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A multigathering codex consists of folded sheets of papyrus, parchment, or paper, gathered together and sewn in a specific sequence. The sewing method is an adaptation of a fabric-making technique known by various names, including cross-knit looping (the term used in this exhibition), nålebinding, mesh stitch, ösenstitch, single needle knitting, encircled looping, knit-stem stitch, Coptic knitting, and looped needle netting. It is a simple but effective technique that combines strength and flexibility.
The technique for sewing the gatherings has remained nearly unchanged among most of the various bookbinding traditions that evolved in the Eastern Mediterranean from late antiquity through the twentieth century.
This textile fragment, found in Syria, is evidence that cross-knit looping was used for garments in regions beyond Egypt.
Endbands are the sewn bands at the head (top) and tail (bottom) edges of the spine of a book, functioning much like edge finishes on textiles. Up until the late seventeenth and eighteenth centuries, endbands in Eastern Mediterranean bindings were always sewn through the gatherings of the book block, usually around a cord core. Their purpose was to compress and “seal” the edges of the book block and the spaces between the gatherings, to reinforce the attachment of the boards, and finally to decorate the book. Often endbands and textile edge finishes are made with the same techniques.
This is one of the earliest preserved examples of a wound endband. The technique is comparable to a common, simple method known as packed overcasting, used for reinforcing and decorating the edges of many woven items, from mats and baskets to textiles.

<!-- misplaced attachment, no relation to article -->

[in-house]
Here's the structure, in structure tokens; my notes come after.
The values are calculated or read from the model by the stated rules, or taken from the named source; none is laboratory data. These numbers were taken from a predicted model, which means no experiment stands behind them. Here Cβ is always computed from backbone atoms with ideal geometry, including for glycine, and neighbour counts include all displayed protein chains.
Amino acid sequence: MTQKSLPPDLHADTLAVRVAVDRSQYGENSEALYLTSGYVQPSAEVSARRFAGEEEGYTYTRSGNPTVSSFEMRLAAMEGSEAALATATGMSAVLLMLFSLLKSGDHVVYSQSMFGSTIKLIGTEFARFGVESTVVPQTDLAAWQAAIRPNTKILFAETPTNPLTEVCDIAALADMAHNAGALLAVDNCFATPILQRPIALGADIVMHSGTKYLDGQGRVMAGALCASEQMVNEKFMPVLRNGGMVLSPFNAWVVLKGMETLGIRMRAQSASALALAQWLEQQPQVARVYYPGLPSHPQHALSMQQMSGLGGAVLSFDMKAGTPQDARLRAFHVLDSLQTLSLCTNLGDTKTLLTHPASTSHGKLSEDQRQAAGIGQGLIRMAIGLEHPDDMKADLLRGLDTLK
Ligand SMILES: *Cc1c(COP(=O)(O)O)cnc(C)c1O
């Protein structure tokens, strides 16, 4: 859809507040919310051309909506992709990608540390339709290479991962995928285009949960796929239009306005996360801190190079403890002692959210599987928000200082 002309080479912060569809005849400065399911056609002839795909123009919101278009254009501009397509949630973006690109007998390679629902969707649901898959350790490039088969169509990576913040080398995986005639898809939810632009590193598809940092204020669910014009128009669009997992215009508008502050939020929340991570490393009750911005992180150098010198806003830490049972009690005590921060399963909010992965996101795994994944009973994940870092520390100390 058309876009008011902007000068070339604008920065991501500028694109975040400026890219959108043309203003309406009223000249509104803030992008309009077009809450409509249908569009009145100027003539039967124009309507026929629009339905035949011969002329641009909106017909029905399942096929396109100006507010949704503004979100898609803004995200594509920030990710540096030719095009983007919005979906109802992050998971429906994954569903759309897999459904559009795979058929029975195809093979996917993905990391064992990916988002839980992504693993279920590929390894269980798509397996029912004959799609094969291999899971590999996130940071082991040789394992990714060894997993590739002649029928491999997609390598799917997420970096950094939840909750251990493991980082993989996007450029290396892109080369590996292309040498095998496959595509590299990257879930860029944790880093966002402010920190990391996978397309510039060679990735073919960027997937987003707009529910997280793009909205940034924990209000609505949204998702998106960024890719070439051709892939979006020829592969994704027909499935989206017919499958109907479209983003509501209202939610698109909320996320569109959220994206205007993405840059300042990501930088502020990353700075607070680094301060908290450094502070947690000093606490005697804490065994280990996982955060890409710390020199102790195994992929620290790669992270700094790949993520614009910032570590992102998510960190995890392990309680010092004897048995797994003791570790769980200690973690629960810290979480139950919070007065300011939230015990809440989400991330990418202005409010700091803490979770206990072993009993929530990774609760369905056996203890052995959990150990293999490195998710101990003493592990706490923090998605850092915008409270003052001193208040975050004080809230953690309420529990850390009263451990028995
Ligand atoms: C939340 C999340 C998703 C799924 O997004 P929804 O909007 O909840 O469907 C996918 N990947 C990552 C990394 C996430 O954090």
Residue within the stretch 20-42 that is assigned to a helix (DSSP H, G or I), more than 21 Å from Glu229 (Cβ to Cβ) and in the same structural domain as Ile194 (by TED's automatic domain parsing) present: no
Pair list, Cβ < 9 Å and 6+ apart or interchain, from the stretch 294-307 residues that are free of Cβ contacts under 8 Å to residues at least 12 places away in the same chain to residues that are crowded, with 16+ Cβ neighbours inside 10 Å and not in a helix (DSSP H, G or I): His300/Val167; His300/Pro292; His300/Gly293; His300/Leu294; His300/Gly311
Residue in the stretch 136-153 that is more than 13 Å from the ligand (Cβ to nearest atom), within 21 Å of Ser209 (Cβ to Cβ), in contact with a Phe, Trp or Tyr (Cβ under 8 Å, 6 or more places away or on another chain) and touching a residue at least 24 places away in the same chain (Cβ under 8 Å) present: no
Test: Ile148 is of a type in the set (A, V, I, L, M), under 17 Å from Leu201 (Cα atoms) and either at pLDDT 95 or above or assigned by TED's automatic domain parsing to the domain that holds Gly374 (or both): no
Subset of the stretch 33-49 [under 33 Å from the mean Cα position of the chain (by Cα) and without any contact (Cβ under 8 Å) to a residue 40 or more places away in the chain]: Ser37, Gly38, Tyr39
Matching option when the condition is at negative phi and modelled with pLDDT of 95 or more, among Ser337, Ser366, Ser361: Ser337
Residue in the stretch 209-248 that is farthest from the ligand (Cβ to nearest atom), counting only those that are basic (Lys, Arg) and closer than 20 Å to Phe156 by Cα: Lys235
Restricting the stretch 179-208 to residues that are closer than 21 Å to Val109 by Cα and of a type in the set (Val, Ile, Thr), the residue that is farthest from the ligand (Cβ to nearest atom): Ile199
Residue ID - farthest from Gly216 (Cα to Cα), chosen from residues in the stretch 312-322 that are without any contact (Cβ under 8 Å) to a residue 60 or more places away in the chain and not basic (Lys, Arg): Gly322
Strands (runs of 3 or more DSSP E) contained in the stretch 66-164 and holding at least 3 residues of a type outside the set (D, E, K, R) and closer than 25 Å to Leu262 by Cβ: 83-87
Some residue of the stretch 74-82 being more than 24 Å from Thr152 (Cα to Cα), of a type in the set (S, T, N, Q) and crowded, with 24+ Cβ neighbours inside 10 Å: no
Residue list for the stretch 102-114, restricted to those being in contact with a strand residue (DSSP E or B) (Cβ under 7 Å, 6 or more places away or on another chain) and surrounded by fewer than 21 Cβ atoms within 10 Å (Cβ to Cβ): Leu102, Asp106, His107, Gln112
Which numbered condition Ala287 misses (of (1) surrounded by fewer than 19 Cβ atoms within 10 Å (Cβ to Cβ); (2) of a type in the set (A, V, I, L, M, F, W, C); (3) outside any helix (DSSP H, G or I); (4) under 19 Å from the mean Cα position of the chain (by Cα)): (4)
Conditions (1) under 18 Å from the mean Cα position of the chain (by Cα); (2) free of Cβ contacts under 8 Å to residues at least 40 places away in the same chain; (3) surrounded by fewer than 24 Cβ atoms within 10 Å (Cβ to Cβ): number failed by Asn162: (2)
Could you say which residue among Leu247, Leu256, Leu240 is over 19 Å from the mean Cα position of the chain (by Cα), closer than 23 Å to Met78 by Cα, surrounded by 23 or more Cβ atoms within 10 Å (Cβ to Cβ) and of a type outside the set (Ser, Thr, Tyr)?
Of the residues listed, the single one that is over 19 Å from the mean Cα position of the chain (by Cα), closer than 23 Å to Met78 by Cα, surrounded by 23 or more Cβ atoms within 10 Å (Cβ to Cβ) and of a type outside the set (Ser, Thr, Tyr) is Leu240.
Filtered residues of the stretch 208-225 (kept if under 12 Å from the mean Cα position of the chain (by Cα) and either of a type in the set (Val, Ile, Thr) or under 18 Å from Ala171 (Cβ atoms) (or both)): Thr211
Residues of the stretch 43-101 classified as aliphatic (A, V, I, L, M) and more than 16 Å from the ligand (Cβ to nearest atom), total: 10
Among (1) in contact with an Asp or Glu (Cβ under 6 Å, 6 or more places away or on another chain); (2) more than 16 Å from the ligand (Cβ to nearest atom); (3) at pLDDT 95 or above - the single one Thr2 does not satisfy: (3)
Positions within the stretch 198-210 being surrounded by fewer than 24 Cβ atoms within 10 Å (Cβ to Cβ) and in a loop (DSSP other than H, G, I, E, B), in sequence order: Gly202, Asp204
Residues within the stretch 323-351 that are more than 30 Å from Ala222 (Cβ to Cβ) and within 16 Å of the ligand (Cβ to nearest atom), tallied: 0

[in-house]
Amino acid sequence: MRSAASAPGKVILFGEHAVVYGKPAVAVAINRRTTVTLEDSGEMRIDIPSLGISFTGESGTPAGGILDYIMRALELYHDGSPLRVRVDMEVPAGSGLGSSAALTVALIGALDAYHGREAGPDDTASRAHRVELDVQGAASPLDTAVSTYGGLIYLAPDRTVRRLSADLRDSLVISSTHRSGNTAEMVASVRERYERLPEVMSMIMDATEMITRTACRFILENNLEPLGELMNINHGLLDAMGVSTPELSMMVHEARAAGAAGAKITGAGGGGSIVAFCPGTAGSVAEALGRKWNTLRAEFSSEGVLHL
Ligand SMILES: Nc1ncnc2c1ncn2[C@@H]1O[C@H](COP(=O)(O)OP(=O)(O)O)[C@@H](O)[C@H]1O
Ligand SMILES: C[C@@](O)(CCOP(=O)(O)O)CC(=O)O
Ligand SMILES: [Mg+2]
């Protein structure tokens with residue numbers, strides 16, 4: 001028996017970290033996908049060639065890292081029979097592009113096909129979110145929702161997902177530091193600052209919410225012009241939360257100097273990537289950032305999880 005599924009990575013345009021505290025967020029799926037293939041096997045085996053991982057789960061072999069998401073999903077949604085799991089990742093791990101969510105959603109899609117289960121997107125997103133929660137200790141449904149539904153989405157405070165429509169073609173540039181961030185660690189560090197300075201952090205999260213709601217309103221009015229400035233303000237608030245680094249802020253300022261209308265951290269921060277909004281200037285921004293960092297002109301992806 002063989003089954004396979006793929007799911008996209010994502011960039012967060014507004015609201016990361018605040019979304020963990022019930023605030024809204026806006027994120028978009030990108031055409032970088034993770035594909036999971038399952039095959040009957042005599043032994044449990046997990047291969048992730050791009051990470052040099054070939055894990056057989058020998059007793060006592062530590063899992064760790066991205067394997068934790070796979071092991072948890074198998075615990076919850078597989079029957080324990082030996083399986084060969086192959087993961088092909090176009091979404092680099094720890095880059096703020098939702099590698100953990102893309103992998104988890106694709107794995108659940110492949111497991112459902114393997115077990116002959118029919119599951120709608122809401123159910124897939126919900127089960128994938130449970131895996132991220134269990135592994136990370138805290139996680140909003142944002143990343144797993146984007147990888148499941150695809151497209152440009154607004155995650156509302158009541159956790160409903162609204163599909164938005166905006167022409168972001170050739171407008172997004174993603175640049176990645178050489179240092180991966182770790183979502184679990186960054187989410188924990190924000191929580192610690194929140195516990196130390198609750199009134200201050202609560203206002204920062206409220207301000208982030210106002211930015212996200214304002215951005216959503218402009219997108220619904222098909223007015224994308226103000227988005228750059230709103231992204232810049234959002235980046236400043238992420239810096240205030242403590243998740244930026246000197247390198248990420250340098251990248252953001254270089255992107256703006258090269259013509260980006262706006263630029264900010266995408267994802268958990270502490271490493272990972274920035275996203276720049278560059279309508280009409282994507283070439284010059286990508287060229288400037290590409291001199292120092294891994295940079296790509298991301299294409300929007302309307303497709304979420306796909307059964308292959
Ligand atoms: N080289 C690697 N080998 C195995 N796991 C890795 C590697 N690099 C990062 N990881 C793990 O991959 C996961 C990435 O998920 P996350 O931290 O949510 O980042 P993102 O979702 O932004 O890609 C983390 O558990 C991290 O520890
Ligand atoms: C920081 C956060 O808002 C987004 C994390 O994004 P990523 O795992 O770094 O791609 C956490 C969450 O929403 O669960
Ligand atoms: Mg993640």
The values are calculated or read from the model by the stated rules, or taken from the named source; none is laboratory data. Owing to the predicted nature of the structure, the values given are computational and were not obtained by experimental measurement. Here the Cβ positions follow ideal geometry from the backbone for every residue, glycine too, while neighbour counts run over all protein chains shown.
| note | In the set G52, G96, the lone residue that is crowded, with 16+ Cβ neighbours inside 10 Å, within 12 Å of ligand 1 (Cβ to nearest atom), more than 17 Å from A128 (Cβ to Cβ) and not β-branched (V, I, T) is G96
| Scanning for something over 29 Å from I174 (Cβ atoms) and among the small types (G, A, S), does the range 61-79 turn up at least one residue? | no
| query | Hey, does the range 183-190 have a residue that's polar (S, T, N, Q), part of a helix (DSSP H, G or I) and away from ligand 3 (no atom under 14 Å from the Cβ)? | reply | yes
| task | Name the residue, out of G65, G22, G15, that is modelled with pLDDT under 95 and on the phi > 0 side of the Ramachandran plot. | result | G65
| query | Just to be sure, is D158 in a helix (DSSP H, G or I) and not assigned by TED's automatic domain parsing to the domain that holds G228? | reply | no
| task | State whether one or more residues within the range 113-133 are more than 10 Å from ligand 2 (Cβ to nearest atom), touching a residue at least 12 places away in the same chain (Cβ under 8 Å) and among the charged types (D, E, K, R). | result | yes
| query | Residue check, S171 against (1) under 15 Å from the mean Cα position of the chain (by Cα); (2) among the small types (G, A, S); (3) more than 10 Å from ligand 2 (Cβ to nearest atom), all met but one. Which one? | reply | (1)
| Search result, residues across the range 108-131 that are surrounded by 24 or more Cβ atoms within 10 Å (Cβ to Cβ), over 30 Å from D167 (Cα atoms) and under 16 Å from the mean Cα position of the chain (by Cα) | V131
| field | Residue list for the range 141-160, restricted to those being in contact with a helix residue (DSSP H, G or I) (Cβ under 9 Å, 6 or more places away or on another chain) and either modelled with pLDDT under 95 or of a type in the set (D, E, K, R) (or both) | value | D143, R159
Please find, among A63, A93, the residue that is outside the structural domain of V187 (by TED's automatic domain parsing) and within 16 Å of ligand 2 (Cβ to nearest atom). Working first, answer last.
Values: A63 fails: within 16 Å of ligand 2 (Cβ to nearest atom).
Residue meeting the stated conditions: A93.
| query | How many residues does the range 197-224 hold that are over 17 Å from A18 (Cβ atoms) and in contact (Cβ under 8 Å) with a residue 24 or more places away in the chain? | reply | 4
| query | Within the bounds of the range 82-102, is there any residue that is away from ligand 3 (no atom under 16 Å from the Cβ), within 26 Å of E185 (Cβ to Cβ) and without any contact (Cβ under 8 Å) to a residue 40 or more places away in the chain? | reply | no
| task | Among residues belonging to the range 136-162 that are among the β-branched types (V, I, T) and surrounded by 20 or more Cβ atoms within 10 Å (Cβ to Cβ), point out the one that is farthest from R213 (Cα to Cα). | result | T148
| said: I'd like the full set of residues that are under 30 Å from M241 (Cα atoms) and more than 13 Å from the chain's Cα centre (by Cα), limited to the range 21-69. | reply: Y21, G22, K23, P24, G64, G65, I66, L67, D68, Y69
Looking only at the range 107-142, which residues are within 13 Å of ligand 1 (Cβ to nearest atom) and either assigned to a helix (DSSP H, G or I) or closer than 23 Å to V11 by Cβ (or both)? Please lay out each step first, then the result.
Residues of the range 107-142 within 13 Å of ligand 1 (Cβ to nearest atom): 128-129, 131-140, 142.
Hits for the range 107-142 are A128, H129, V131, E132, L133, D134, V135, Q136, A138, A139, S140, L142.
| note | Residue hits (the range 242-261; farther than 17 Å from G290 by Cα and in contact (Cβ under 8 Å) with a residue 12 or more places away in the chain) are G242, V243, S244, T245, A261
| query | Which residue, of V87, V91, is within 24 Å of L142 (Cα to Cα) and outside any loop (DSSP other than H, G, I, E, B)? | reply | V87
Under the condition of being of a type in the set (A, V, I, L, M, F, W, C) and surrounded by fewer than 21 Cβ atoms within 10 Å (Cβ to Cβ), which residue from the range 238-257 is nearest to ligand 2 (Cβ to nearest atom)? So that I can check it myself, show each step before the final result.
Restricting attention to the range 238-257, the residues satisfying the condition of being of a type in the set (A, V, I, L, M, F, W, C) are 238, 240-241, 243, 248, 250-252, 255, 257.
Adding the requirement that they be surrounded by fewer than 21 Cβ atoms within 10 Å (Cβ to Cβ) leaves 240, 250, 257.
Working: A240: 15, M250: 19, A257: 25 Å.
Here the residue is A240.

Although this fragment is very small, the endband appears to be sewn with the loop stitch.
The cover of a codex envelops the book’s spine and boards. A cover has to be flexible, strong, and suitable for different types of decoration. The material that best combines all these characteristics is tanned leather. Most bindings were decorated with a combination of techniques—tooling, inking and painting, cutout openwork and stitching, incising and scraping of the surface, gilding, and lacing—that were used extensively in shoemaking and other leatherwork well before the appearance of the multigathering codex.
The decoration of this codex cover is produced by pressing or hammering the leather with metal stamps, each of which bears a simple motif. The stamps are called “tools” in bookbinding terminology and the stamping process, “tooling.”
The decoration on the cover of this codex is produced using a variety of techniques: gilding, stitching, cutout openwork, and parchment strips laced though closely spaced slits cut through the red leather.
A multigathering codex usually has a pair of boards, front and back, to protect the book block (the sewn gatherings, ready for binding) and keep it compact. The boards are commonly made from wood or from layers of papyrus to provide stiffness and strength.
The book block and boards can be sewn together as one single sequence, or the book block can be sewn first, with the boards then sewn onto it separately, as shown in the animation. Inner face of the boards, showing the characteristic patterns created by the thread lacing the boards to the book blocks
Techniques similar to those used for attaching the boards on early codices were used to secure and seal papyrus documents.
Fastening straps are an essential element of the early codex. They are used to protect the book by keeping it closed when it is not in use. Interlaced straps, the most common type found in late antiquity, are made with an ancient technique widely used for sandals and belts. The straps can be found on Byzantine and post-Byzantine bindings well into the seventeenth century.